Torres et al. (15) report a detailed study of the effect of overexpression of glucokinase in liver on glucose turnover in the Zucker diabetic fatty (ZDF) rat (20 weeks old) in basal conditions and during a hyperglycemic clamp. The ZDF rat is characterized by increased body weight and progressive insulin resistance, beginning at ∼7 weeks and leading to development of overt diabetes after 10 weeks. Hepatic glucokinase activity was elevated before the development of diabetes (at 7–10 weeks) but declined subsequently in parallel with the fall in circulating insulin to an activity level about one third that of nondiabetic controls at 20 weeks. GKRP expression remained constant and, accordingly, the glucokinase-to-GKRP ratio (and thereby the hepatocellular affinity for glucose [1]) paralleled the changes in glucokinase expression. The development of diabetes was associated with increased endogenous glucose production, glucose cycling between phosphorylation of glucose and dephosphorylation of glucose-6-phosphate, and increased flux through glucose- 6-phosphatase, determined from the sum of glucose cycling and endogenous glucose production.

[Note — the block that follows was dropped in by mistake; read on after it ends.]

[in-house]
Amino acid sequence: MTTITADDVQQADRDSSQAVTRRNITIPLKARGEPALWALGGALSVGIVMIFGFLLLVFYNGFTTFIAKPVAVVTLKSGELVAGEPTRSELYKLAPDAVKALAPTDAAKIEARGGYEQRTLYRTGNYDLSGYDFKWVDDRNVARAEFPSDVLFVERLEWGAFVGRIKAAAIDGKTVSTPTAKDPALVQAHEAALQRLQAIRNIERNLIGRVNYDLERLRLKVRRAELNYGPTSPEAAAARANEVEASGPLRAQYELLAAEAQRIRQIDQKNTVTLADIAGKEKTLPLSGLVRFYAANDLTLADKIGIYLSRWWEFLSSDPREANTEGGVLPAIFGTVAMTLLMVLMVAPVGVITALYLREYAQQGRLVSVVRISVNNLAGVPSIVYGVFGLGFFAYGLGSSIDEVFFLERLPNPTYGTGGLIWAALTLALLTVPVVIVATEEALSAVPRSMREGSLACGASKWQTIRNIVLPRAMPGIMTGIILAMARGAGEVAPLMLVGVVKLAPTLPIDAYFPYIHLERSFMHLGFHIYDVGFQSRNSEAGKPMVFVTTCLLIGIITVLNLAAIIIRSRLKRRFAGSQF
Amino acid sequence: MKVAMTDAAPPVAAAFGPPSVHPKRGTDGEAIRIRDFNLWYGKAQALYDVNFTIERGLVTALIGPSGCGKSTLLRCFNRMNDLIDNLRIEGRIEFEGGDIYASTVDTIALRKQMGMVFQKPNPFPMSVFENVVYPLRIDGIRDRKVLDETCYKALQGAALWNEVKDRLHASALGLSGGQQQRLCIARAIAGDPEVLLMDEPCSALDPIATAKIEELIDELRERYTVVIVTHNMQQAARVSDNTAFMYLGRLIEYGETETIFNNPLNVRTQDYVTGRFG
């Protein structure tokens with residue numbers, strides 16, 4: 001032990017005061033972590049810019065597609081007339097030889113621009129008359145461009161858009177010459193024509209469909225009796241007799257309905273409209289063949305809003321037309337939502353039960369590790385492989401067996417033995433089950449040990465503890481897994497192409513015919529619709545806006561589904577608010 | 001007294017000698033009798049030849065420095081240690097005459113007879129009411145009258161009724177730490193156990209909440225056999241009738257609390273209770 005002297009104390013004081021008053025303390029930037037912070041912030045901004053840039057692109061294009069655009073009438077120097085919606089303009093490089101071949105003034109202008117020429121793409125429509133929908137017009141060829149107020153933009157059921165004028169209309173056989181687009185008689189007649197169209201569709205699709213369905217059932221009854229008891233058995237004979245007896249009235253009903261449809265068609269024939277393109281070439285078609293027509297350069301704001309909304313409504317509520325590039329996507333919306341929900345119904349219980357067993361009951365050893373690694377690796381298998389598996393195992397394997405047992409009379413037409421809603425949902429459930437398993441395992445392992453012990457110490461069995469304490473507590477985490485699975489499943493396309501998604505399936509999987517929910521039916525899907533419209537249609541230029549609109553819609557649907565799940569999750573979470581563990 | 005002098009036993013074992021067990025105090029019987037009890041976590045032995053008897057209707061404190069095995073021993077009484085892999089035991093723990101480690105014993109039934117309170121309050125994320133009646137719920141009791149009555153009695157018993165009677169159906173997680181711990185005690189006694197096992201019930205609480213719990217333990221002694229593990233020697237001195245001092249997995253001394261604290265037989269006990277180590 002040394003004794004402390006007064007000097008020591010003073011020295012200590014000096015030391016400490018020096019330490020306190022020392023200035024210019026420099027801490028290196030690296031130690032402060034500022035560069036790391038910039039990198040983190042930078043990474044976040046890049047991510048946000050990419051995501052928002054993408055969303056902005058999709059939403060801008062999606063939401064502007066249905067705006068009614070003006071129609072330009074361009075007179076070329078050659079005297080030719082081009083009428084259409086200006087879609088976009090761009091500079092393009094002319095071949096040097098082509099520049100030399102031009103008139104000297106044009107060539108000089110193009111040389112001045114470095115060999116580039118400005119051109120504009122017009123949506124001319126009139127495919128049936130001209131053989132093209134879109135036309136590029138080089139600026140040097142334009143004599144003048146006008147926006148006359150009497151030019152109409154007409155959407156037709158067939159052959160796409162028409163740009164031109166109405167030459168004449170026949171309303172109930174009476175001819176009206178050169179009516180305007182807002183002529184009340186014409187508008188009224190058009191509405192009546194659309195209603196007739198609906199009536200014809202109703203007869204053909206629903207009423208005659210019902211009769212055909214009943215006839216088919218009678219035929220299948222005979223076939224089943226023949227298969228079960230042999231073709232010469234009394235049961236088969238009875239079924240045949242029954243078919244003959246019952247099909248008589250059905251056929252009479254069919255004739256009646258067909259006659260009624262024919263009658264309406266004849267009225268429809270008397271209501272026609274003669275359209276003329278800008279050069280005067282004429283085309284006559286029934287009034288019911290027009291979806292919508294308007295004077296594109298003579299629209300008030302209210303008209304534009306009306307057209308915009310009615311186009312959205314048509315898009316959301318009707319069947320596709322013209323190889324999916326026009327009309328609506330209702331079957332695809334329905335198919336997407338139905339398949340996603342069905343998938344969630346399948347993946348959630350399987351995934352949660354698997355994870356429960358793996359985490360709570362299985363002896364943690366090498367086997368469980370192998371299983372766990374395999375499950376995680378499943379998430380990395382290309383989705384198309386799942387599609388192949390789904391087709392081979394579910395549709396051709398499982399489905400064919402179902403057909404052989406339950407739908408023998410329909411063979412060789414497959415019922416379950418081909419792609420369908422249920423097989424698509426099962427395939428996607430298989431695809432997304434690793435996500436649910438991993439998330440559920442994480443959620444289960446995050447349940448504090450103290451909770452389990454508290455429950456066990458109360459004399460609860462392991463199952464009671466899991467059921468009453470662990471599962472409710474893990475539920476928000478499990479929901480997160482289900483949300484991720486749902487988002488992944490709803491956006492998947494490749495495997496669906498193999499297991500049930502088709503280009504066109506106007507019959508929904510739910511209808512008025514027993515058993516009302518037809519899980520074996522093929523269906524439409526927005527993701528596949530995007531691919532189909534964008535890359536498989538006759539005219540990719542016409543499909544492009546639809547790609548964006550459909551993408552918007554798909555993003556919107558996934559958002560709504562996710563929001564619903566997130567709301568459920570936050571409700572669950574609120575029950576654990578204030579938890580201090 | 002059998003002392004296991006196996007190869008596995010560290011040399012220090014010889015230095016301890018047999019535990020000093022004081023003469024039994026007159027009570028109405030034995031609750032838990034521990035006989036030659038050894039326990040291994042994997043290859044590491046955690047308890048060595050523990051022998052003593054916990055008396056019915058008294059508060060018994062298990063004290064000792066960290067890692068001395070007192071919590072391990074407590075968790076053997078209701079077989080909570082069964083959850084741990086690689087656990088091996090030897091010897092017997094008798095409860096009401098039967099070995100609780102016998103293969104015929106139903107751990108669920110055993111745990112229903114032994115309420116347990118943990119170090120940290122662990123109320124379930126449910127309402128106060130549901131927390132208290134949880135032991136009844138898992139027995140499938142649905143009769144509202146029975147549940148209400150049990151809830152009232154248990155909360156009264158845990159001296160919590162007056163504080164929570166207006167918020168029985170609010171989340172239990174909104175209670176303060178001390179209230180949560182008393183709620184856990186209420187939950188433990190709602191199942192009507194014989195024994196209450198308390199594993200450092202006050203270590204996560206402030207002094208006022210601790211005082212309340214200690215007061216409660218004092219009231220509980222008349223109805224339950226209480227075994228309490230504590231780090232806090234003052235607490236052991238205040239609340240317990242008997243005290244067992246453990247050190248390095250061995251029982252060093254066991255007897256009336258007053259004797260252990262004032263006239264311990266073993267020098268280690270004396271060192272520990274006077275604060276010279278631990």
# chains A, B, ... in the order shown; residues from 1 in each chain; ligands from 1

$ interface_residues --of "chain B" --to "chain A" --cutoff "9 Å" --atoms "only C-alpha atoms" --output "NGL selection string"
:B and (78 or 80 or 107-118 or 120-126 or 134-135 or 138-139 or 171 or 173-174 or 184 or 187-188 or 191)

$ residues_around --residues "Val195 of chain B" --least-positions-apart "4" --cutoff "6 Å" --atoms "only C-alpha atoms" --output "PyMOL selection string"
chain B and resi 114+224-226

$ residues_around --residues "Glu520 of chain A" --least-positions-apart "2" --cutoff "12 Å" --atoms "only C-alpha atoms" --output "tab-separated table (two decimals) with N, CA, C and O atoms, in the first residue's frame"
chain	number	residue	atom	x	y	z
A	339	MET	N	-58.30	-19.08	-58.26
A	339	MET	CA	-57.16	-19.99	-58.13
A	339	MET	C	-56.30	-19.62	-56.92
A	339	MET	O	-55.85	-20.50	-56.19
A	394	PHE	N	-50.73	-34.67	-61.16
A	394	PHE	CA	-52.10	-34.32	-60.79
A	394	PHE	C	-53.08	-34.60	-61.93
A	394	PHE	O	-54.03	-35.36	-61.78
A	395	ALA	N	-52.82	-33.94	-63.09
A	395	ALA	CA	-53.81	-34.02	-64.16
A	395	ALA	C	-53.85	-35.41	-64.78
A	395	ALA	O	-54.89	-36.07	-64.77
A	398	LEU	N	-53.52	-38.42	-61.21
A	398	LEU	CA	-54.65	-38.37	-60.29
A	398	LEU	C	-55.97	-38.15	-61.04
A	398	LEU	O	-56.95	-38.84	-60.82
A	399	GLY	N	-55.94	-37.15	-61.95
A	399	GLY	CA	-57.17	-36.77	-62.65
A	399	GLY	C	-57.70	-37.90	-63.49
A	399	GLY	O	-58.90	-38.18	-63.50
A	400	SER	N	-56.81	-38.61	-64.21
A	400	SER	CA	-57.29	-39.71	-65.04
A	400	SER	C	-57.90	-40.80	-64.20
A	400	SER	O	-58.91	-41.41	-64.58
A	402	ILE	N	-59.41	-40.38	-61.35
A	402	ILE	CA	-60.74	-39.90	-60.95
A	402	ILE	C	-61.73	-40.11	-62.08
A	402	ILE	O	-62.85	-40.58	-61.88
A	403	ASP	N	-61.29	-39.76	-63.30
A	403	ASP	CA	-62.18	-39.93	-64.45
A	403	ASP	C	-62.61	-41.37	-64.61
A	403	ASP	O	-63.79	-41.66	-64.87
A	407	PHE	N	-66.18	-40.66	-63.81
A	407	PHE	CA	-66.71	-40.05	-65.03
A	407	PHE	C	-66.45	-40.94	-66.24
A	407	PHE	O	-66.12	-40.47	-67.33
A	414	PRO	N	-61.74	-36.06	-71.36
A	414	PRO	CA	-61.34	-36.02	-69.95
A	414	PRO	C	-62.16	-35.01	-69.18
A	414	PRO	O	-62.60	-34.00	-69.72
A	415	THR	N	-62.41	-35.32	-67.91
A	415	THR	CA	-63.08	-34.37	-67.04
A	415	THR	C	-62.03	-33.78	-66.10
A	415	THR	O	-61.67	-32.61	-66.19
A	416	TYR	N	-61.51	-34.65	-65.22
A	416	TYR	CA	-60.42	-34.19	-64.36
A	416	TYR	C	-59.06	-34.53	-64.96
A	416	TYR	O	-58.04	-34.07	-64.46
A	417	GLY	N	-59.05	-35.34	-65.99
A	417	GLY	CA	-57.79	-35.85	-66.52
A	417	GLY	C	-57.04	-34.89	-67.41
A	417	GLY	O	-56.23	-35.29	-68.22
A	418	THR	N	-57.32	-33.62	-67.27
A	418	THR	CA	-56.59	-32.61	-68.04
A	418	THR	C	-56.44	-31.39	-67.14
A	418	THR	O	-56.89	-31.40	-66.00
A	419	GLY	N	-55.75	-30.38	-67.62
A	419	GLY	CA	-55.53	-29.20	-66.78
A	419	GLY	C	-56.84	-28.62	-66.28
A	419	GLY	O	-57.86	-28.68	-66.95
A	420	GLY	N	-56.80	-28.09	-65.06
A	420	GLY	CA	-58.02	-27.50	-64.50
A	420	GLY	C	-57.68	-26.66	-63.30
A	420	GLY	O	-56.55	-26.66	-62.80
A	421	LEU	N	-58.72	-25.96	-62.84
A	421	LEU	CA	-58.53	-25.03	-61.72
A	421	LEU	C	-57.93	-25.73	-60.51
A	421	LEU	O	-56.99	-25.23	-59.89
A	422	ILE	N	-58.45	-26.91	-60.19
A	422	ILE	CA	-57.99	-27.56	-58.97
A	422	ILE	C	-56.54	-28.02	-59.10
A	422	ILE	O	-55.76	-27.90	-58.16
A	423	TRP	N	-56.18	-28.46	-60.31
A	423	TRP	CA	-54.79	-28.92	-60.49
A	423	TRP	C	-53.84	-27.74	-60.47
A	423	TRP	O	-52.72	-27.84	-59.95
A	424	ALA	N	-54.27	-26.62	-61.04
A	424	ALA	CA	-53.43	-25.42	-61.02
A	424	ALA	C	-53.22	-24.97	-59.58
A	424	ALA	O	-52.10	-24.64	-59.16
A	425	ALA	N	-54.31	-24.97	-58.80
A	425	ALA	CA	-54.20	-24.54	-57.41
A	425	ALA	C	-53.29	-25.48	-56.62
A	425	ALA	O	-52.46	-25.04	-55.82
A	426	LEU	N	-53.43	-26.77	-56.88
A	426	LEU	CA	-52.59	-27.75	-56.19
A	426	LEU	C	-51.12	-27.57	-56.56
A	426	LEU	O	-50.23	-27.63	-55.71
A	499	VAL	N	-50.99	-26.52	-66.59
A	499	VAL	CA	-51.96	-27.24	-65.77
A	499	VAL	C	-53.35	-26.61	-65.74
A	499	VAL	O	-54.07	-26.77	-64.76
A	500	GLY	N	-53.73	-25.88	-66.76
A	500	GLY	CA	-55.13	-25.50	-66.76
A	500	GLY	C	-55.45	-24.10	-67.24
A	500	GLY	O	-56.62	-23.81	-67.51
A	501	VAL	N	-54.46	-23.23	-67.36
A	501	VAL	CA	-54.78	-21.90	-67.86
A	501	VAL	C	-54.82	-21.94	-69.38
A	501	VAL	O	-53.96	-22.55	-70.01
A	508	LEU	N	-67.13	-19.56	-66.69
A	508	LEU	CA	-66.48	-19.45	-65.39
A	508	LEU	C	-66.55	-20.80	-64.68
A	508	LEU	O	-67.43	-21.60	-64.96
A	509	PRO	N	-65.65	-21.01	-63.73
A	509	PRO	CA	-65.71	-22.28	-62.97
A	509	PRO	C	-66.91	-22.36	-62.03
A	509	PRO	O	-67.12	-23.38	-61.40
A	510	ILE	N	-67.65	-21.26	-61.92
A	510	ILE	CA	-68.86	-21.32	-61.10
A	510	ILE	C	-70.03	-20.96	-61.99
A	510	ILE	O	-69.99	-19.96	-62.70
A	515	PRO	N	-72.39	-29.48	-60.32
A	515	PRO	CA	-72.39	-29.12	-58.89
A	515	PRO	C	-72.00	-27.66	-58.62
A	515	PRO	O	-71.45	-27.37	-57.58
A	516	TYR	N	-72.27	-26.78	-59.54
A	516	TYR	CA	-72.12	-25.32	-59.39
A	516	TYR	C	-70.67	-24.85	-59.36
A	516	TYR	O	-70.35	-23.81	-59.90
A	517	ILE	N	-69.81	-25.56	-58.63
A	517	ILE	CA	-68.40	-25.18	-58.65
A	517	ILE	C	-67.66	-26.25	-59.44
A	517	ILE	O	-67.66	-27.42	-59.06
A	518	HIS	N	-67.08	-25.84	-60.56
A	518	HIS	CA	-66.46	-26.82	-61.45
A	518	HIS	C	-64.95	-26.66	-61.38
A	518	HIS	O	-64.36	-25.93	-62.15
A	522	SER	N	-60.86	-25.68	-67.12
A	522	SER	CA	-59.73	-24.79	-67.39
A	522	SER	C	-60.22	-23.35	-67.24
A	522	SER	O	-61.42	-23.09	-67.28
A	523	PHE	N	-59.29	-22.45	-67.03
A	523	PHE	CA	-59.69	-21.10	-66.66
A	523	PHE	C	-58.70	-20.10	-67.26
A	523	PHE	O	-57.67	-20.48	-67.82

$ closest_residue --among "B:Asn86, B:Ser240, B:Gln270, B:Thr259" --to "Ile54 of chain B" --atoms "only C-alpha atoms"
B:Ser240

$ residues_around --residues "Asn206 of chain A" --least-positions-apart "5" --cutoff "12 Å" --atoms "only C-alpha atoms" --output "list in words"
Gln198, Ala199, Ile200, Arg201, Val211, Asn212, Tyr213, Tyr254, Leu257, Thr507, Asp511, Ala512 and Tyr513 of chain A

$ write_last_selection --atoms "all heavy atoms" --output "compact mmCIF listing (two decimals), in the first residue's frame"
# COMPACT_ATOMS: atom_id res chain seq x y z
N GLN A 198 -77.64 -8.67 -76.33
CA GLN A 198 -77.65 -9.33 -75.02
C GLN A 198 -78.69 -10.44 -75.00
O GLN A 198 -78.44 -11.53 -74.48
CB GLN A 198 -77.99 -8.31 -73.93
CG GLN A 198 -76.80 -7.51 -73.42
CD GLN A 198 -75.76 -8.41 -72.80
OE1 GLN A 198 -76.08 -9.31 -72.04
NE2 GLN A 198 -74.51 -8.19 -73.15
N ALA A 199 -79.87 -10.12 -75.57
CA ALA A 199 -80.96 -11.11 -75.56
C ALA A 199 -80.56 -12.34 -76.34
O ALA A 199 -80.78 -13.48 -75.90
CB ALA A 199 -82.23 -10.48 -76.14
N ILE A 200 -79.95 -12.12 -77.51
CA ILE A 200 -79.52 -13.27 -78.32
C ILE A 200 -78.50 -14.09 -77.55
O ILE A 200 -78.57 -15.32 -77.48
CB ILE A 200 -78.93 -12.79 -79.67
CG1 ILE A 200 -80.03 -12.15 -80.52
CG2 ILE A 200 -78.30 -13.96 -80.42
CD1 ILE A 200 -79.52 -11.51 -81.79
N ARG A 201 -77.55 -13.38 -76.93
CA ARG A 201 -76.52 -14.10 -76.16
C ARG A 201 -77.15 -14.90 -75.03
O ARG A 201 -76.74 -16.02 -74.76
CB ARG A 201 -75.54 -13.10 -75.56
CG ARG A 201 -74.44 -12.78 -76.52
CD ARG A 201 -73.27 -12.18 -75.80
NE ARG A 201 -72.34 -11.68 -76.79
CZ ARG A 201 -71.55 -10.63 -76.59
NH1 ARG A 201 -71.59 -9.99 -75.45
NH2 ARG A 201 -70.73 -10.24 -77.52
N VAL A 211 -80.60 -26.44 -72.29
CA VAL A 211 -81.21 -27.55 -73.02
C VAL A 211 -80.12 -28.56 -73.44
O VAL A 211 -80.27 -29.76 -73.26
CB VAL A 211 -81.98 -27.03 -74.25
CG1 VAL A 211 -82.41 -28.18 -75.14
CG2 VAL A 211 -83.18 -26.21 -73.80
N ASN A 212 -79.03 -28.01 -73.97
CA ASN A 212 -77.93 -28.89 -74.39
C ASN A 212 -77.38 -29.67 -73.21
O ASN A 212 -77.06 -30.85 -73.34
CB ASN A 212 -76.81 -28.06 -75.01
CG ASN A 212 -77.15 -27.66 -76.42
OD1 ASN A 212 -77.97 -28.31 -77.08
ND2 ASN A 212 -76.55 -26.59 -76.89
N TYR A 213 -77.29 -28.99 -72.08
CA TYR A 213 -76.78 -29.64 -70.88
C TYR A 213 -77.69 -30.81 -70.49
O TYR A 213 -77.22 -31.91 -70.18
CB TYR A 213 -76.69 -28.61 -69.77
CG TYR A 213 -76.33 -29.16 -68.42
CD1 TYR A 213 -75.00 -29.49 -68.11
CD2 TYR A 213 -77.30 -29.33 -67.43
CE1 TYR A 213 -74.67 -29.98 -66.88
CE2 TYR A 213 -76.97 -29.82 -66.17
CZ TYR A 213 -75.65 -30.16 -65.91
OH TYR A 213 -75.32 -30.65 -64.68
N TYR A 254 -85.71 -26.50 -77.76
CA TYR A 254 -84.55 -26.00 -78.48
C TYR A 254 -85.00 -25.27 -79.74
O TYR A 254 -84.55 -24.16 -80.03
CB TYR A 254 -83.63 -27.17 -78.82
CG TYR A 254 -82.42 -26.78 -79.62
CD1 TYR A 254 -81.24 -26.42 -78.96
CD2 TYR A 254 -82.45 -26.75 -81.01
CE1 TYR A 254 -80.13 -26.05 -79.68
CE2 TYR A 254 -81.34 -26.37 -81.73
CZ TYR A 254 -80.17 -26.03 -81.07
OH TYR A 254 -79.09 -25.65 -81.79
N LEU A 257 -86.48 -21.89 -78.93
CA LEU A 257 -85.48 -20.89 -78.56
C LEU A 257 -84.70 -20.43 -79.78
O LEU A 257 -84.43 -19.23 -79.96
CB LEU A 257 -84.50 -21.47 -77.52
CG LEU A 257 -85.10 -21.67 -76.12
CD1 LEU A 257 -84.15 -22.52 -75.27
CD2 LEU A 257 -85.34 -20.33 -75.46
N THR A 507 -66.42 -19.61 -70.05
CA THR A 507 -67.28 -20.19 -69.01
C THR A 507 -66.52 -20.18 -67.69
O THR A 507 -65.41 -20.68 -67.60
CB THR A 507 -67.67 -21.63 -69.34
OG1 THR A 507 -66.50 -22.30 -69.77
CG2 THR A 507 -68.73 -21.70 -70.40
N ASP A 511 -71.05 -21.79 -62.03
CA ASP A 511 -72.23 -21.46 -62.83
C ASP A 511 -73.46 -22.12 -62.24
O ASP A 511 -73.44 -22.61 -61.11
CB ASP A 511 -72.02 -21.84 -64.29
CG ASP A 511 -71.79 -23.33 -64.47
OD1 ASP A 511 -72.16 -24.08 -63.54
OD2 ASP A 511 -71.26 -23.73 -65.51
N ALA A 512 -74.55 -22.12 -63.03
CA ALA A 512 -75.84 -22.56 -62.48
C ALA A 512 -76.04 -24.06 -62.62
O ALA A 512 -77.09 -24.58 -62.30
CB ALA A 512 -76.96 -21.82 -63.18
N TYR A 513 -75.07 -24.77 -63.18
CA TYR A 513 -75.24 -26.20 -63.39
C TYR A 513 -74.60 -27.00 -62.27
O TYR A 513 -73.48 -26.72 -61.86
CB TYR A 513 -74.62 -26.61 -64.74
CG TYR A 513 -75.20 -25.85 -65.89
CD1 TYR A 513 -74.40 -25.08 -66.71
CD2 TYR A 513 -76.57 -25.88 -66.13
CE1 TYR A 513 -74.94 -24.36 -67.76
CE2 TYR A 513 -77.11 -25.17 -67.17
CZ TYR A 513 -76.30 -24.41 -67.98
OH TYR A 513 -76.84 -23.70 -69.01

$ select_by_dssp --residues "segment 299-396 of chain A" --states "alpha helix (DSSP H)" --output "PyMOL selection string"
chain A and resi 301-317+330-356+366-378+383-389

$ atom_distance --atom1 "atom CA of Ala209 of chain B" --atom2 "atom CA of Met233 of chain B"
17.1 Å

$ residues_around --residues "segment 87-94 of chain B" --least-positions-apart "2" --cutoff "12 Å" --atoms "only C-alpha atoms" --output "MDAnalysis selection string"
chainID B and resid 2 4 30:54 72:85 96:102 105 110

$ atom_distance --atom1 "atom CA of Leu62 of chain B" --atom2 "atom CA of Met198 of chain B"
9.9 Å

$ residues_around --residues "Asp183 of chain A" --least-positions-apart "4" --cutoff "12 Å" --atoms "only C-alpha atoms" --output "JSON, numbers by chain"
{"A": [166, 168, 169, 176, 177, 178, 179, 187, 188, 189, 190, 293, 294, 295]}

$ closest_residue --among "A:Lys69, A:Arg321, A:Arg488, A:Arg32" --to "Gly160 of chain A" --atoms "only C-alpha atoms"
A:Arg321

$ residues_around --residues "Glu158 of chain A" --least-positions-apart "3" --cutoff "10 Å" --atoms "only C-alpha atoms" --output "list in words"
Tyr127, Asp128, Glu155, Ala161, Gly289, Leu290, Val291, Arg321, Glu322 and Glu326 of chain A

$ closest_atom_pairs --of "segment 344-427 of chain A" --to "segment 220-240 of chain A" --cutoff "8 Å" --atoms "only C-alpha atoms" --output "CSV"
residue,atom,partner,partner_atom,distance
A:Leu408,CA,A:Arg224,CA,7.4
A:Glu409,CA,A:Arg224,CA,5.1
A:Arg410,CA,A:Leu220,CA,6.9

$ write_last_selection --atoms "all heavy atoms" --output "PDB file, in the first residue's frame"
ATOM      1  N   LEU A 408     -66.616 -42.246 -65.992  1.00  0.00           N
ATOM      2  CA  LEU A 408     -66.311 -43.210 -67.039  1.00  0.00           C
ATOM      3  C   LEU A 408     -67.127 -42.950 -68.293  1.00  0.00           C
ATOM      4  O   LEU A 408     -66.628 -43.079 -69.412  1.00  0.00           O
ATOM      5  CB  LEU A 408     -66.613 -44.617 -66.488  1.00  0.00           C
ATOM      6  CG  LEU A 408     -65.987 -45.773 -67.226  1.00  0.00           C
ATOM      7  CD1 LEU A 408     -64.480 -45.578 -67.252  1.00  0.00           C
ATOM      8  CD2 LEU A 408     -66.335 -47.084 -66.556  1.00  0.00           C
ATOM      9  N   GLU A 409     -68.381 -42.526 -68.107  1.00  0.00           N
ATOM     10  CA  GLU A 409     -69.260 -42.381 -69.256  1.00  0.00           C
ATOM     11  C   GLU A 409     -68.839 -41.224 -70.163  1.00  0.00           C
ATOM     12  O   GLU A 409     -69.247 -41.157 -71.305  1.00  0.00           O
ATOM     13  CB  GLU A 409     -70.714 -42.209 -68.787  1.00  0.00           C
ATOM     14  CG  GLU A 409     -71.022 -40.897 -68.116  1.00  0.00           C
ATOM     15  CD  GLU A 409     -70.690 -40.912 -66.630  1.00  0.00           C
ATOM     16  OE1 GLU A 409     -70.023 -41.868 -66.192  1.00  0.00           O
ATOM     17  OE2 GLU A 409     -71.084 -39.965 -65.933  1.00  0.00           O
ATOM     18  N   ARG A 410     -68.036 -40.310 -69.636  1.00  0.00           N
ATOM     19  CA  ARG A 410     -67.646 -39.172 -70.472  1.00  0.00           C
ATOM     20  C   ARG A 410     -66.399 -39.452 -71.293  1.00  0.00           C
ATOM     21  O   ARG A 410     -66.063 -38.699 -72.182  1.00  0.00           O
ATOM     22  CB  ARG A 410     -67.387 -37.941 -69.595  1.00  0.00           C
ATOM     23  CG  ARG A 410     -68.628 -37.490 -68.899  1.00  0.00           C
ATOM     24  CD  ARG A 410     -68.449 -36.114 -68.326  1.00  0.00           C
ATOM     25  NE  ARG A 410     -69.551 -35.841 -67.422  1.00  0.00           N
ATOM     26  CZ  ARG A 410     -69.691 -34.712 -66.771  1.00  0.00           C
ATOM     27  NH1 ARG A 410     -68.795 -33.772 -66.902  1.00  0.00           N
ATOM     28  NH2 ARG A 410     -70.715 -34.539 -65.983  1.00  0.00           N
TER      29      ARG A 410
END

Torres et al. (15) overexpressed glucokinase in the liver of ZDF rats by treatment with an adenoviral vector at 19–20 weeks. The viral titers used enabled selection of two groups of treated diabetic rats: one with glucokinase activity that was restored to the level of nondiabetic controls (threefold increase) and another with activity twice that of nondiabetic controls (sixfold increase). The hepatic glucose-6-phosphate content and glycogen synthesis from glucose (Fig. 1) closely paralleled glucokinase expression and were normalized in the group with restored glucokinase activity and further increased in the group with twofold elevation of glucokinase. The latter indicates that the high control strength of glucokinase on both the glucose-6-phosphate content and glycogen synthesis is preserved in the diabetic model. In the experimental group with restored glucokinase activity, hyperglycemia was partially corrected (60%), and elevated endogenous glucose production and flux through glucose 6-phosphatase, both before and during the hyperglycemic clamp, were partially rectified. In the group with overcompensated glucokinase activity (twice normal), the correction of hyperglycemia was further improved (87%), though still not completely normalized, and endogenous glucose production was still elevated in basal conditions (before the clamp) but was suppressed during the hyperglycemic clamp (similar to nondiabetic controls). While these results demonstrate the efficacy of glucokinase overexpression in reversing hyperglycemia in diabetes, they also show that overcompensation of glucokinase activity to twofold above that for nondiabetic controls is necessary to achieve glycemic control and near-normal endogenous glucose production. This indicates that the defect in the diabetic model is clearly not confined to glucokinase regulation and, accordingly, overcompensation of glucokinase activity is necessary to achieve glycemic control.